Elizabeth’s prediction turned out to be accurate. Rose greeted Georgiana with relief and even a glimmer of warmth. “I’m glad you’re home, Georgiana,” she said. “I’ve been worried about you. We need to discuss what happened, but that can wait until tomorrow.”

Mrs. Reynolds enfolded Georgiana in a warm embrace, and then did the same with Elizabeth, who was surprised to find tears springing to her eyes. “I’m so glad to have my two girls back safe at home,” Mrs. Reynolds said. “And, Georgie, I made all your favorites for dinner.”

Georgiana asked permission to eat dinner upstairs, alone. “I’m so tired,” she said. “I just want to eat and then go to bed.”

Elizabeth expected Rose to deny the request, but Rose agreed. Once Georgiana disappeared from view up the steps, Rose said, “My dear, thank you for everything you’ve done. I’m sure it was difficult.”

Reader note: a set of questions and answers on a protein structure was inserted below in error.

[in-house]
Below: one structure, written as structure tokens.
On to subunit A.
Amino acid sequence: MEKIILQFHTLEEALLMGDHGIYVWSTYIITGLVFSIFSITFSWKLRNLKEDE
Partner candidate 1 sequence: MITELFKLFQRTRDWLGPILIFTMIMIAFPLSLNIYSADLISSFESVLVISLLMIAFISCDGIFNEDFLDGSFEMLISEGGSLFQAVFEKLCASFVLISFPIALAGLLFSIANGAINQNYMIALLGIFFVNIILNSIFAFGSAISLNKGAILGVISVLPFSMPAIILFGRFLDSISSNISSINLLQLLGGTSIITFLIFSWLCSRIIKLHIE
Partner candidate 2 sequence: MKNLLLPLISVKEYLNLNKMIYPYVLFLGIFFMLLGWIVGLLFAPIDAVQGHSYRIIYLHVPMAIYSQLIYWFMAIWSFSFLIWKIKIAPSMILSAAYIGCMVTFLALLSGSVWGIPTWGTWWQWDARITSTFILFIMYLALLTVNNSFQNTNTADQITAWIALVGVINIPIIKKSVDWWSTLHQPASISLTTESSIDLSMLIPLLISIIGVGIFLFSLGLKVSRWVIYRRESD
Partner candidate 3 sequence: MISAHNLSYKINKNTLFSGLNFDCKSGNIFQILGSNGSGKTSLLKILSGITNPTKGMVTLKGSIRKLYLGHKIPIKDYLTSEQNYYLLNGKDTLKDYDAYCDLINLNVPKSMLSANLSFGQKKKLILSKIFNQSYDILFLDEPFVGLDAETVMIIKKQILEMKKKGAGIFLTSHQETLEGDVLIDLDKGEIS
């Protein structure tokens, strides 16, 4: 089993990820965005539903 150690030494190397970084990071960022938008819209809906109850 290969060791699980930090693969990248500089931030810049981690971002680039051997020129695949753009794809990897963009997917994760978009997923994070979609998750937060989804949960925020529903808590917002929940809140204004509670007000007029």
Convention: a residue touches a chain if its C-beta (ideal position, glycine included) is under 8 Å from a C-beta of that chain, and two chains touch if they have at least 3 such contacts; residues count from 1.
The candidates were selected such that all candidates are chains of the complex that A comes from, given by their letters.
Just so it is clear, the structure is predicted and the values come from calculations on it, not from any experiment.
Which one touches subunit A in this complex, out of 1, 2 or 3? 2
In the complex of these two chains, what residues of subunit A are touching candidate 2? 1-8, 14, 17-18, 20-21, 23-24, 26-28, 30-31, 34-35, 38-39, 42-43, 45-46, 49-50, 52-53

Elizabeth sighed. “It was, for all of us.”

“Of course, I will write to your aunt and uncle to thank them for everything they did.”

“They were glad they could help.”

“I’ve arranged for us to go to Eleanor and Robert’s apartment for dinner, so that the four of us can discuss the situation.”

“They’re back from Chicago?”

“Yes; they came back early. And I thought it might be best to go there, rather than having them come here.”

Elizabeth didn’t need an explanation; Rose didn’t want to risk Georgiana overhearing the discussion. It also explained Rose’s willingness to let Georgiana dine alone in her room.

Once they were seated in the Fitzwilliams’ elegant living room, Elizabeth shared the story of her experiences in Washington and Baltimore. When she was done, she scanned the anxious faces around her. “So, what do you think?”

“One million dollars?” Eleanor pressed her lips together, jutting out her chin.